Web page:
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Grad rate continues to climb

January 31, 2013

The on-time graduation rate in Portland Public Schools increased by 1 percentage point in 2012, the third year in a row that the rate has gone up. Among the 3,400 students who started school in 2008-09, a total of 63 percent graduated in four years.

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Of the students who started in a PPS neighborhood comprehensive or focus high school, 78 percent earned a regular diploma in four years.

PPS’ on-time graduation rate has now increased 10 points since Oregon first began reporting cohort graduation rates. The 10 point gain meets the improvement target set by the Portland School Board in 2010, two years earlier than originally projected. (Statewide, the graduation rate has increased two points over the past three years.)

Highlights from the class of 2012 include:

  • Madison’s graduation rate increased 8 percentage points to 71 percent – a 15 point increase in the past two years.
  • Franklin posted a 7 percentage point increase.

Both Madison’s and Franklin’s graduation rates include former Marshall Campus students who transferred to the schools following the Marshall closure.

  • Wilson saw a seven point increase.
  • Jefferson and Roosevelt both posted 4 percentage point increases. Roosevelt’s graduation rate has now increased by 15 percentage points over the past two years and Jefferson in up eight points in the same time frame.
  • Cleveland and Benson both saw 3 percentage point declines in their on-time graduation rate, but both schools remained well above the school district average.


Superintendent Carole Smith said, “Over the past two years, high school system reforms have brought greater equity and stability to PPS high schools, and a significant increase in our on-time graduation rate, thanks to the skill and hard work of teachers, principals and community partners. However, our graduation rate is not where it needs to be. This year’s incremental gain highlights our urgent need to accelerate our progress.”

The superintendent has charged a new High School Action Team to recommend additional instructional and student retention strategies to speed the pace of improvement in the PPS graduation rate.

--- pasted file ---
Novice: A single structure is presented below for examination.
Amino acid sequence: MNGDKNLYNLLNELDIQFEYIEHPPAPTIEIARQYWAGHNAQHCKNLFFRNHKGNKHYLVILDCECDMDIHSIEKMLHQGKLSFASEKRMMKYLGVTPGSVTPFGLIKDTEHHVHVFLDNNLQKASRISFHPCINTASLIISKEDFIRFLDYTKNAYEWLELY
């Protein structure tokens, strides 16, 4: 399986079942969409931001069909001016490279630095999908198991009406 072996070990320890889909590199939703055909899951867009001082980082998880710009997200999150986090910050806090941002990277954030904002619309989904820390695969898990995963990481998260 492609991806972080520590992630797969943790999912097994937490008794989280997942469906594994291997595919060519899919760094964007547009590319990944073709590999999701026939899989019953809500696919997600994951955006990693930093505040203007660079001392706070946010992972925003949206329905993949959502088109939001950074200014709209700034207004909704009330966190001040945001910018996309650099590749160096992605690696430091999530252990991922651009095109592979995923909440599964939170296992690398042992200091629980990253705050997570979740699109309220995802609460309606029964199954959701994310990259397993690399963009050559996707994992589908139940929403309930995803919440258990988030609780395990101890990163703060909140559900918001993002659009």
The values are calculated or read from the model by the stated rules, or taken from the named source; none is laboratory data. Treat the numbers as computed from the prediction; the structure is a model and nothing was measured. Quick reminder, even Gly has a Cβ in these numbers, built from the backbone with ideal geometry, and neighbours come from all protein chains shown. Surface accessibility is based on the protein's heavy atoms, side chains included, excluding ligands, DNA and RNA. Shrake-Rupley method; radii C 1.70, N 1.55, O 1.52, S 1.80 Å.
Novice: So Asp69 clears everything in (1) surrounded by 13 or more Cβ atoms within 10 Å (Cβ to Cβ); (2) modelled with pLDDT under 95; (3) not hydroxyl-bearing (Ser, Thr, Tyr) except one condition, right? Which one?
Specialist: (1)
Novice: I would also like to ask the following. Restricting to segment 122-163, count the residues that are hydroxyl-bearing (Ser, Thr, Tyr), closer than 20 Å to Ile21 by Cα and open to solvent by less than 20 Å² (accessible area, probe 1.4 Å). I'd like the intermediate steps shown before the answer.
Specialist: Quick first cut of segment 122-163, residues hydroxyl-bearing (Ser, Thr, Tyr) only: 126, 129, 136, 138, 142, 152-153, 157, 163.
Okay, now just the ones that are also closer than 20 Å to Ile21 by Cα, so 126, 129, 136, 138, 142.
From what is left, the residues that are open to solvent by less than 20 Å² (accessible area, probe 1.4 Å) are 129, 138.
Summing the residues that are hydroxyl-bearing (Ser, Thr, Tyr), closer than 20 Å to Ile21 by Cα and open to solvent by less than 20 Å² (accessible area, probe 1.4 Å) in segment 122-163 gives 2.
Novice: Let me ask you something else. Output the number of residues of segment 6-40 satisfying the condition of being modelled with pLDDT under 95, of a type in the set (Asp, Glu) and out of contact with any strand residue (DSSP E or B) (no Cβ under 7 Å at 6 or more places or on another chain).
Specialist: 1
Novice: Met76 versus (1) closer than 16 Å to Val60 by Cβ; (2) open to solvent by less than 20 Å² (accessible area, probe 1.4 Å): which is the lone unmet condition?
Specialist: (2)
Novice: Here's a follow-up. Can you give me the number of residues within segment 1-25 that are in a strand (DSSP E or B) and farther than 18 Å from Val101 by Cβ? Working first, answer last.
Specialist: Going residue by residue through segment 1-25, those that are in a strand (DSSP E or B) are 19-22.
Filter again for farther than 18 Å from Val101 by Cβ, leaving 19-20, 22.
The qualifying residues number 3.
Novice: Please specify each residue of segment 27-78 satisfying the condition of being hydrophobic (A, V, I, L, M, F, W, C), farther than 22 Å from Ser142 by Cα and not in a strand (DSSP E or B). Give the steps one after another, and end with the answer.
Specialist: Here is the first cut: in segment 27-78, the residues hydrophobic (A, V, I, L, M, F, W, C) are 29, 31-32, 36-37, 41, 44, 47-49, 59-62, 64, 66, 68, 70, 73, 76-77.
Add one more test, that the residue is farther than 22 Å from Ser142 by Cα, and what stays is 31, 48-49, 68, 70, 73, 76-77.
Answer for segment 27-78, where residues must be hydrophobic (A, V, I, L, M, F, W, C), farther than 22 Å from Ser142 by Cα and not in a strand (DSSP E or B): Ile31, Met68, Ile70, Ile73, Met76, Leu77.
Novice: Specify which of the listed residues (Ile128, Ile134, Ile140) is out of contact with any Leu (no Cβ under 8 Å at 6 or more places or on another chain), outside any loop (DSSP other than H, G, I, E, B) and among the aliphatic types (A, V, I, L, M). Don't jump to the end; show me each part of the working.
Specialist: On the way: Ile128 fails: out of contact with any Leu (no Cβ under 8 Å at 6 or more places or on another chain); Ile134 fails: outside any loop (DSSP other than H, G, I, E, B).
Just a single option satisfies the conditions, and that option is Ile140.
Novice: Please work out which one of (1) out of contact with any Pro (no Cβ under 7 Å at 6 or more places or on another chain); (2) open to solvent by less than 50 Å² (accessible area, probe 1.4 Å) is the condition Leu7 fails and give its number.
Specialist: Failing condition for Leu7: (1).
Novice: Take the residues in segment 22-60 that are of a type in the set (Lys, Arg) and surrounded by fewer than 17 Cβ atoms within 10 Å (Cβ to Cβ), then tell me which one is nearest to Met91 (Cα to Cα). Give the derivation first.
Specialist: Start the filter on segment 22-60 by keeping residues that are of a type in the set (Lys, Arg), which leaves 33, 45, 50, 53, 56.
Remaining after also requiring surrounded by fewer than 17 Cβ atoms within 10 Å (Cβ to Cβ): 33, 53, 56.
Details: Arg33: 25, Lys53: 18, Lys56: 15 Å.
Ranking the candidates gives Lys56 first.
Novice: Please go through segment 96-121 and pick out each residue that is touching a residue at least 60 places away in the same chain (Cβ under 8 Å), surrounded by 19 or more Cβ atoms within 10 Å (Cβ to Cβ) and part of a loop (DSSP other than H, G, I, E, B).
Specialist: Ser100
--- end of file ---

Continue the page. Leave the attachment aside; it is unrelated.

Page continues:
Chief Academic Officer Sue Ann Higgens, who will lead the High School Action Team, noted that graduation rate gains at Roosevelt and Madison have coincided with federal School Improvement Grants (SIG) that have funded extended learning time, teacher training and parent involvement efforts.

Higgens said, “The strong gains we are seeing at schools that struggled in the past show that focused effort and adequate funding together can make a profound difference for a school.”

Achievement gap
The graduation rate achievement gap grew district-wide to 39 points (as measured by the difference in graduation rates between white students and Native Americans, the least well-served racial group over the past two years.)
Some student groups saw large gains: the on-time graduation rate for Hispanic students rose 5 points for the class of 2012 (to 55 percent) and the graduation rate for Multi-ethnic students rose 9 points.

Grant High School closed the achievement gap in graduation rates among white, black and Hispanic students. All three groups posted rates between 83-86 percent, with black students posting the highest rate. Franklin, Jefferson, Roosevelt and Wilson high schools all posted graduation rates for black students that were equal to or better than those for white students. Lincoln posted the highest overall rate at 89 percent. While a racial achievement gap was still present, graduation rates for every racial group were 80 percent or better. Lincoln also posted the highest rate for Latino students at 96 percent.

Who is included in a school’s graduation rate?
The four-year cohort rate encompasses outcomes for all students who enrolled in the PPS high school system between 2008 and 2012.

ODE assigns student outcomes to the last PPS-operated or charter school the student attended. Students who start at a neighborhood school, but later drop out of a community-based alternative school, are counted as dropouts from the neighborhood school. Students who start at a non-neighborhood high school, but then return to their neighborhood school and drop out, count against the neighborhood school. In the same way, students who leave a neighborhood school and graduate on-time from and alternative school count toward the neighborhood school's graduation rate.

After four years of high school, the state accounts for students in one of eight categories: regular diploma, adult diploma, modified diploma, extended diploma, alternative certificate, GED, continued enrollment or dropout.

 
 

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